A decision is expected in thirty days on the federal government’s motion to dismiss Virginia’s healthcare lawsuit. The case was argued by E. Duncan Getchell, Jr., Solicitor General of Virginia in Federal District Court today. The argument to dismiss the lawsuit stemmed from the federal government’s contention that Virginia did not have the standing to bring the lawsuit in the first place explained Attorney General Ken Cuccinelli at a 12:50 p.m. press conference.
Cuccinelli said, “should we survive this round a summary judgement will be argued on October 18.”
He went on to say that the Healthcare Act was signed by President Obama on March 23 and “that day was the 235th anniversary of Patrick Henry’s ‘give me liberty’ or give me death speech” just a mile down from the courthouse. Cuccinelli thought it fitting to be in a courtroom defending liberty in what he considers to be an extraordinary version of that liberty.
Cuccinelli made clear that the lawsuit is not about healthcare but is about liberty. “We’ll lose our liberty and allow the federal government to dictate to us what we must buy in the name of [the President’s] policy goal,” he said.
Cuccinelli believes that if the federal government prevails in the lawsuit and forces Americans to buy private health insurance in the name of regulating commerce then they will be granted unlimited power to force citizens to buy anything. He said, “we heard no limits on that today in court.”
He said if that happens there is nothing to stop Congress from forcing citizens to buy Chevrolets or any private product it wants. “That would amount to the end of 220 years of federalism,” said Cuccinelli.
Cuccinelli expects appeals from both parties to eventually end up in the Supreme Court. It’s all about checks and balances and keeping government branches from getting too powerful. He claimed it is up to the states to remind them of their constitutional boundaries.
When asked what he thinks his chances are of success Cuccinelli replied, ”I still believe I am cautiously optimistic that we have a better than even chance of prevailing.”
He called regulating healthcare insurance in a state is an “exercise of police power.”
“If I think something violates the U.S. constitution and I sit on my hands then I am abandoning my oath of office and I’m not doing that,” said Cuccinelli.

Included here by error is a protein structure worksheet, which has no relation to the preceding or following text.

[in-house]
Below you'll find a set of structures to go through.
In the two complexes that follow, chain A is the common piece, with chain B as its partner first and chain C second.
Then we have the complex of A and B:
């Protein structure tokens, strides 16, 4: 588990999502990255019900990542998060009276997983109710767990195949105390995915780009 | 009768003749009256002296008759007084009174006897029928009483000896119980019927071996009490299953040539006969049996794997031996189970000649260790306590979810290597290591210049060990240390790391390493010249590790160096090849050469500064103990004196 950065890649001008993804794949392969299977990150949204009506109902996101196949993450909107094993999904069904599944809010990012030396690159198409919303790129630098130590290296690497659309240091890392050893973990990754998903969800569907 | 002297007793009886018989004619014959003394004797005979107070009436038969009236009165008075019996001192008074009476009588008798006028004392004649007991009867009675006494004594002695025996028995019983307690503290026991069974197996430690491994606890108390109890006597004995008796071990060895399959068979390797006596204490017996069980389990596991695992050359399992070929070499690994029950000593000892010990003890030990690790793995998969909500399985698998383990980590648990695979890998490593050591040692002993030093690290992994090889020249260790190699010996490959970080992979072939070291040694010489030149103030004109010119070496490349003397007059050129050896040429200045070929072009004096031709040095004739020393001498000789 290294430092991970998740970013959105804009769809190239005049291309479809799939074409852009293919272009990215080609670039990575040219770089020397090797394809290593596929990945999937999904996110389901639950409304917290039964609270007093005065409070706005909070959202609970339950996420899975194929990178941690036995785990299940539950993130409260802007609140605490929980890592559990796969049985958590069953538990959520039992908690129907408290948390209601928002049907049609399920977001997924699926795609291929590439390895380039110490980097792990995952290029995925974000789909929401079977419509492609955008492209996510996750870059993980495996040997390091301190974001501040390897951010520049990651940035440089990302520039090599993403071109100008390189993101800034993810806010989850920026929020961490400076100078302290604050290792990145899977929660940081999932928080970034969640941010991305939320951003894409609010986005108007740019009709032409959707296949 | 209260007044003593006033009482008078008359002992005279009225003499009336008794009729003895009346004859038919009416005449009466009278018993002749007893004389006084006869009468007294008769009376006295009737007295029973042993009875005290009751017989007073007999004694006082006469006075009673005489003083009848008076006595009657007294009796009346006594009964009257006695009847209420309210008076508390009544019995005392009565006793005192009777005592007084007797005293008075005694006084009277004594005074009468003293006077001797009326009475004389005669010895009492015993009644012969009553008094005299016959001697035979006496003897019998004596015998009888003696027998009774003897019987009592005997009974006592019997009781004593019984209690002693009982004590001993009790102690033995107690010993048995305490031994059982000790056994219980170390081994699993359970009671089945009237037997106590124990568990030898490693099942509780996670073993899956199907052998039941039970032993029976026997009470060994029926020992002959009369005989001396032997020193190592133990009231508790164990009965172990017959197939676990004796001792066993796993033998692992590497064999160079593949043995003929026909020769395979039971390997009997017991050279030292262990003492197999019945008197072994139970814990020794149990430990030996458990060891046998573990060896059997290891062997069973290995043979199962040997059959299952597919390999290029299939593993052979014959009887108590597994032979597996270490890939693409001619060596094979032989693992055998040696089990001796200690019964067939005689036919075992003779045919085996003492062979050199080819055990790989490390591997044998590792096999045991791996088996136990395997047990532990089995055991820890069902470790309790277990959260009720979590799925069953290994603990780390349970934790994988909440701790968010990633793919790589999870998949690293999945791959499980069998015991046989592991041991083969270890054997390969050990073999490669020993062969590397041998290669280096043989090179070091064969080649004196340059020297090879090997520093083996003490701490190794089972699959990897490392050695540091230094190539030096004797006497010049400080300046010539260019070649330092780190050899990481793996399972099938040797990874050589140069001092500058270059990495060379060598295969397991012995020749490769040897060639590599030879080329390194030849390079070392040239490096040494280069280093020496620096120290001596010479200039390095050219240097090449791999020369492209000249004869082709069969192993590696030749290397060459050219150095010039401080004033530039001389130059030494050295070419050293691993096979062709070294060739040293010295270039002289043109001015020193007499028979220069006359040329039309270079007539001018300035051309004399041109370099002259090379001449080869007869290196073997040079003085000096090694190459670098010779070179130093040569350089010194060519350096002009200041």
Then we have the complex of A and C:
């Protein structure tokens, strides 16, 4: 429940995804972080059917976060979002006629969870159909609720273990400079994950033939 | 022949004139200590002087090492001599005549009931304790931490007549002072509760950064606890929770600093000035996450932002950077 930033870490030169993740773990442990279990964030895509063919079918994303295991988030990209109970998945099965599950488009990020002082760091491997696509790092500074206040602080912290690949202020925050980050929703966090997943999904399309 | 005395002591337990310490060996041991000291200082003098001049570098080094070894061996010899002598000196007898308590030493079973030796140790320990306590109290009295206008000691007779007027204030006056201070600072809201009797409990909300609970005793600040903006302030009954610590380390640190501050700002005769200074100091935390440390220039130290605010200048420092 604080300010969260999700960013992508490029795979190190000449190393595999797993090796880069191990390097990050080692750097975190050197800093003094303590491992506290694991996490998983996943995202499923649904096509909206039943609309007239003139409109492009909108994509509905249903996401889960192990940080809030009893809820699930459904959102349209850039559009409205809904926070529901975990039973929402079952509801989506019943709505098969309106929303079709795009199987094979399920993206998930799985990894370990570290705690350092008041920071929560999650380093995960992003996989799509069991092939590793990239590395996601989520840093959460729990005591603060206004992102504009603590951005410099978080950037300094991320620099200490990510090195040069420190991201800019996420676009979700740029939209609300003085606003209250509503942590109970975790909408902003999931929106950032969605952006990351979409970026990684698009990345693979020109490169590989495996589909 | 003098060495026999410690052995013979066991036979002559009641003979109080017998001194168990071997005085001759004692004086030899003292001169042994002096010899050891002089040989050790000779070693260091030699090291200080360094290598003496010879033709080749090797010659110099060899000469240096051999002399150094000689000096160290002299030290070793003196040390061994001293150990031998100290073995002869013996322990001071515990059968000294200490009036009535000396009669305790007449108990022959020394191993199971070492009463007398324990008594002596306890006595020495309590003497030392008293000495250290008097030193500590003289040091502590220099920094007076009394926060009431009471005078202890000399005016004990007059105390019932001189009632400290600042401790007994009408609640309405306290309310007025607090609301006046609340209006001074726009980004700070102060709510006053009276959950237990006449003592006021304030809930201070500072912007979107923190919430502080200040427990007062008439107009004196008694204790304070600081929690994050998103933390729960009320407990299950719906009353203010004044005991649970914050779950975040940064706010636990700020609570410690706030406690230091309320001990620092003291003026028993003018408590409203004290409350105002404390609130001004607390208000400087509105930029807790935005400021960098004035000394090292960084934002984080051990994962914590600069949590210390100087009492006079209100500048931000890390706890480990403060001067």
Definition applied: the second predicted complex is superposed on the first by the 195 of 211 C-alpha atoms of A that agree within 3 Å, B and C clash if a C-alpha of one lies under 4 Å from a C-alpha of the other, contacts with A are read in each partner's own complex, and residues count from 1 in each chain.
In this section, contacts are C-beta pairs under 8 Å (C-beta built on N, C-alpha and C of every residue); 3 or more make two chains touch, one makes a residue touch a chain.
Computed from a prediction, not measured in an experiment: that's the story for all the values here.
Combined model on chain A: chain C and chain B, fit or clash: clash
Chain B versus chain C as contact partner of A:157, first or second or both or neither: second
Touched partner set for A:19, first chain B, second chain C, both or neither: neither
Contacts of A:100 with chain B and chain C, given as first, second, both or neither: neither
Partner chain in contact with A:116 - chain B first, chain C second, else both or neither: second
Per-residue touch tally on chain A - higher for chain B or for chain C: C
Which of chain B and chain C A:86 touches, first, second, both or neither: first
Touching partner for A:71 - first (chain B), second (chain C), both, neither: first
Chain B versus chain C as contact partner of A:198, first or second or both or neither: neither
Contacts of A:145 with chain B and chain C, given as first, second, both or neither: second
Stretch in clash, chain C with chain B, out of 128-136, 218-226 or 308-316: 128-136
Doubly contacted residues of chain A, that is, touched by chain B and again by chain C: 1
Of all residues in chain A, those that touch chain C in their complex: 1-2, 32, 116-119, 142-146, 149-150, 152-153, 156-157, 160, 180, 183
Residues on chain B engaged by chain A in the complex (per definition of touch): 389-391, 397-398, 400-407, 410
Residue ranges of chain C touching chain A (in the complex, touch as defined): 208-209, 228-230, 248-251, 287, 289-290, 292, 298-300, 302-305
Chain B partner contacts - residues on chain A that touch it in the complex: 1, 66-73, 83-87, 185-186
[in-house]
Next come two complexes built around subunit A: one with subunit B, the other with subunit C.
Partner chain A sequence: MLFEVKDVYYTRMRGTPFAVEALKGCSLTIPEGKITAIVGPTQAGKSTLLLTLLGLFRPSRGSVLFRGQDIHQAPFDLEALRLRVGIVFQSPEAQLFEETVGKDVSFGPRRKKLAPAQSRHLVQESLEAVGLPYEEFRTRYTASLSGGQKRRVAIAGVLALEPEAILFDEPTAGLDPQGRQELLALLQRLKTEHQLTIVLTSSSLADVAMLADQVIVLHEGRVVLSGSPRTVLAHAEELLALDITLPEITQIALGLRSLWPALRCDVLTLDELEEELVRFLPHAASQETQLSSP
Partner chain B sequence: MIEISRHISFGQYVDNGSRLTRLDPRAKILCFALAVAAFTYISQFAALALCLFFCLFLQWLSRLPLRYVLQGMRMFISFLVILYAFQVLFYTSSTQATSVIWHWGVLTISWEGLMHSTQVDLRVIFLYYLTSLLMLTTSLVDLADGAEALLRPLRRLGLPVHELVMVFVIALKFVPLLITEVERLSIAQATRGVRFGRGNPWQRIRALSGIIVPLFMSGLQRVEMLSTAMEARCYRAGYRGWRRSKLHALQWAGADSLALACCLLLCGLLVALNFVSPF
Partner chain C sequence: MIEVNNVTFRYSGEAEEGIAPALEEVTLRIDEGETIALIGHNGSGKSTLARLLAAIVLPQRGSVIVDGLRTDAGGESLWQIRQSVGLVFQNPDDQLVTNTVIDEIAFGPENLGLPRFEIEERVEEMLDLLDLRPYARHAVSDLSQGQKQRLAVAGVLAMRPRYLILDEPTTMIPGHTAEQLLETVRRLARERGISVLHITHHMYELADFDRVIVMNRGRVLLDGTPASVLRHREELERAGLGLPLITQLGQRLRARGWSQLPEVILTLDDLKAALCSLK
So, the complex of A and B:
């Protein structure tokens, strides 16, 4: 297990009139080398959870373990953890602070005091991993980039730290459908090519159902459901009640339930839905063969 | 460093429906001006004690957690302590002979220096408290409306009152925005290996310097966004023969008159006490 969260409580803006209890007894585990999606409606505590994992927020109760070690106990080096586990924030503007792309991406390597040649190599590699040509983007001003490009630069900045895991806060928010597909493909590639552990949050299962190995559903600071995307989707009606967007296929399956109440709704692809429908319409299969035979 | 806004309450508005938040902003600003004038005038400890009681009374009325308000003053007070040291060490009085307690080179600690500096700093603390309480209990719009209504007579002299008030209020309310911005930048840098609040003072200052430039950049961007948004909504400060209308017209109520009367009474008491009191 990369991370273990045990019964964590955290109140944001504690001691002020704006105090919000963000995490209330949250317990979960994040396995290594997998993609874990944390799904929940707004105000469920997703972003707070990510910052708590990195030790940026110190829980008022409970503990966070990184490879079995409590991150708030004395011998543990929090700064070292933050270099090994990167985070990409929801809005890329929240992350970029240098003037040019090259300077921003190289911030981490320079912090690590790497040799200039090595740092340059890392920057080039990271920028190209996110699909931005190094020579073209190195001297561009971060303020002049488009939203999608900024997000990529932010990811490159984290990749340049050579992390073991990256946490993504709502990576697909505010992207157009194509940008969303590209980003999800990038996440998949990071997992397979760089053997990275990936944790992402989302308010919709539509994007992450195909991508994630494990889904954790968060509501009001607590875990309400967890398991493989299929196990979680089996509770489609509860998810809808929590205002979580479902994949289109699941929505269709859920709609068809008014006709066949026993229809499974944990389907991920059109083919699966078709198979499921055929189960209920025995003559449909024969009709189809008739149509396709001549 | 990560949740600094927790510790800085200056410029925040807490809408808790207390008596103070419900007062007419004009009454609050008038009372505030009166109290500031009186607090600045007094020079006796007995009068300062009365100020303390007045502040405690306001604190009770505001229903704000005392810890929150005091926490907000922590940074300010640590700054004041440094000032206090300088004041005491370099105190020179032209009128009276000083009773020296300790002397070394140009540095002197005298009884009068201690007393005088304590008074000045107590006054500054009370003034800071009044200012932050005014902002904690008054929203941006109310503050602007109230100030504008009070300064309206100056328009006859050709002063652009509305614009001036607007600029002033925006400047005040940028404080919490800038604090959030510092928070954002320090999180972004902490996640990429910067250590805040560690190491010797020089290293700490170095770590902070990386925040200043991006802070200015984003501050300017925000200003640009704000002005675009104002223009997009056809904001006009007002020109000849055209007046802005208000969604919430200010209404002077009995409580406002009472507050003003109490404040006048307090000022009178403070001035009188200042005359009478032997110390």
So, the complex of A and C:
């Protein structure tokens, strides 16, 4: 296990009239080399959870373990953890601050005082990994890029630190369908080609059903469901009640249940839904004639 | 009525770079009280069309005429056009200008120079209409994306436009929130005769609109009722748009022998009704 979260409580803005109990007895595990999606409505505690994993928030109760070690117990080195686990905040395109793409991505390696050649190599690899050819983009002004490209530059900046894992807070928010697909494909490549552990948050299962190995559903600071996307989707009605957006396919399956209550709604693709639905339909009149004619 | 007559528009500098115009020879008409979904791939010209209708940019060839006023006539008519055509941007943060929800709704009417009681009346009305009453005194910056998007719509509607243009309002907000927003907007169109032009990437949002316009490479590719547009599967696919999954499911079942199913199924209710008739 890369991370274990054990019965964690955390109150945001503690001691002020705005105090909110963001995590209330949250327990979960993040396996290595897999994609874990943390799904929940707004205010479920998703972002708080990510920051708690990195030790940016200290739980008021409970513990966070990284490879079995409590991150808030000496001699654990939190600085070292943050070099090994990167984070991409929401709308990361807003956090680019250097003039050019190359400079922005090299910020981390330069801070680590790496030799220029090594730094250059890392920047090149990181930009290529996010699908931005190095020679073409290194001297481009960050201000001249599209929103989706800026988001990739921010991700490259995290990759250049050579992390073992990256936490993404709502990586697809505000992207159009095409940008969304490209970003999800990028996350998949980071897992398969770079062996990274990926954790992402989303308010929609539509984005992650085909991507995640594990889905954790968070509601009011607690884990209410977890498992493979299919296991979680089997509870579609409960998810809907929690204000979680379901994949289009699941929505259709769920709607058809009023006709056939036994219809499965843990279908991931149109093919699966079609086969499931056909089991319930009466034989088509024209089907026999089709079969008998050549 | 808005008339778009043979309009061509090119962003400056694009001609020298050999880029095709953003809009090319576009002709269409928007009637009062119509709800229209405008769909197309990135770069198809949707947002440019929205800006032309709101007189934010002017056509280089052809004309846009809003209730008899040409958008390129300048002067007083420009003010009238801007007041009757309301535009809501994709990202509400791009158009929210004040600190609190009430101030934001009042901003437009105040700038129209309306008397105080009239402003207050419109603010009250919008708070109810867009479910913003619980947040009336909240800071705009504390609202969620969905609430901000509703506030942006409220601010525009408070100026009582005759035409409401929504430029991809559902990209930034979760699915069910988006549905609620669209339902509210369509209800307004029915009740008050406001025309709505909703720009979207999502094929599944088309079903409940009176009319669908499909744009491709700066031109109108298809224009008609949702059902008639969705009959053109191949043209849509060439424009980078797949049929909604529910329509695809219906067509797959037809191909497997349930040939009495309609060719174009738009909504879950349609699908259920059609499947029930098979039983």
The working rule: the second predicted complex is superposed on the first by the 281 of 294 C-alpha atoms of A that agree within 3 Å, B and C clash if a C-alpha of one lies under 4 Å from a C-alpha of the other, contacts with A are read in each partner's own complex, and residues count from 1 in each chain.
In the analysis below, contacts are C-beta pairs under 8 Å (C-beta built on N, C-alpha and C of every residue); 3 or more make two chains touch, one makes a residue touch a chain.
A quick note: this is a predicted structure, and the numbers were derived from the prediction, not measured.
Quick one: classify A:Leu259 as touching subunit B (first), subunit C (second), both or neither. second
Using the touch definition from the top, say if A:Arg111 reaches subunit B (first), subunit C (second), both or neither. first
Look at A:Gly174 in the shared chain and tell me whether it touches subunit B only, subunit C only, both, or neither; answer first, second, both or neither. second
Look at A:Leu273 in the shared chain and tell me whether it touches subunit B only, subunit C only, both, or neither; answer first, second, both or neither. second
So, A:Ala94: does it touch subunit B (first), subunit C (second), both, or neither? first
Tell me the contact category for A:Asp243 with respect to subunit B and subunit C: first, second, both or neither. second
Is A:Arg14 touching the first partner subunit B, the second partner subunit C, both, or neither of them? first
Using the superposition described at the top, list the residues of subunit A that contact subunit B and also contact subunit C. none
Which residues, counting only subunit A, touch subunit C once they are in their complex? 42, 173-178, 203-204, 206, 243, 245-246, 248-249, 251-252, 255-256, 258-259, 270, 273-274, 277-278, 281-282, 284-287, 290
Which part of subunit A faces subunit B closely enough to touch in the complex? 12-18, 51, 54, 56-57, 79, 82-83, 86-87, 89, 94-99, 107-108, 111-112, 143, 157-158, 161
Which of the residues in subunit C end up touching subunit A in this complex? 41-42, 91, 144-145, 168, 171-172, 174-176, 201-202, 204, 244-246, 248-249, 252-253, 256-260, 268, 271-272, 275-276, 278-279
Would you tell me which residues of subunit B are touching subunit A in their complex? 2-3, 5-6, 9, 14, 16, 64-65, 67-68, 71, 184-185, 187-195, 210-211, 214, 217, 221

The government mandated insurance system is central to the scheme of the healthcare bill argued the federal government. It does not have a severability clause said Cuccinelli. If any part of a bill is found unenforceable or unconstitutional that clause is severed and the remainder of the bill still stands.
If the federal government’s motion to dismiss is denied the decision following October 18 would more than likely come after the November elections. Virginia is a “rocket docket” state as Cuccinelli has alluded to in the past but he doesn’t believe it possible for a decision to be made in two weeks.
There will be a great deal of debate on the consequences said Cuccinelli. He compared it to the lawsuit he is watching closely in Florida.
Starting today a Virginia law is in effect that does not require citizens to buy health care insurance.
- July 1 10:00 am motion to dismiss hearing at the U.S. District Court for the Eastern District of Virginia, in Richmond
- Case: Commonwealth of Virginia v. Kathleen Sebelius
- E. Duncan Getchell, Jr., Solicitor General of Virginia, argued on behalf of the Commonwealth
- Judge Henry E. Hudson said he would likely issue his ruling in 30 days.
- If Virginia’s case survives, a summary judgment hearing is scheduled for October 18, 2010, at 9:00 a.m. to decide if the federal health care law is unconstitutional.
AUDIO of the attorney general’s post-hearing news conference can be heard here under the SPECIAL MEDIA INFORMATION section: http://www.vaag.com/PRESS_RELEASES/index.html
Posted By Valerie Garner
Categories: Politics, State Politics
Tags: attorney_general, cuccinelli, health, lawsuit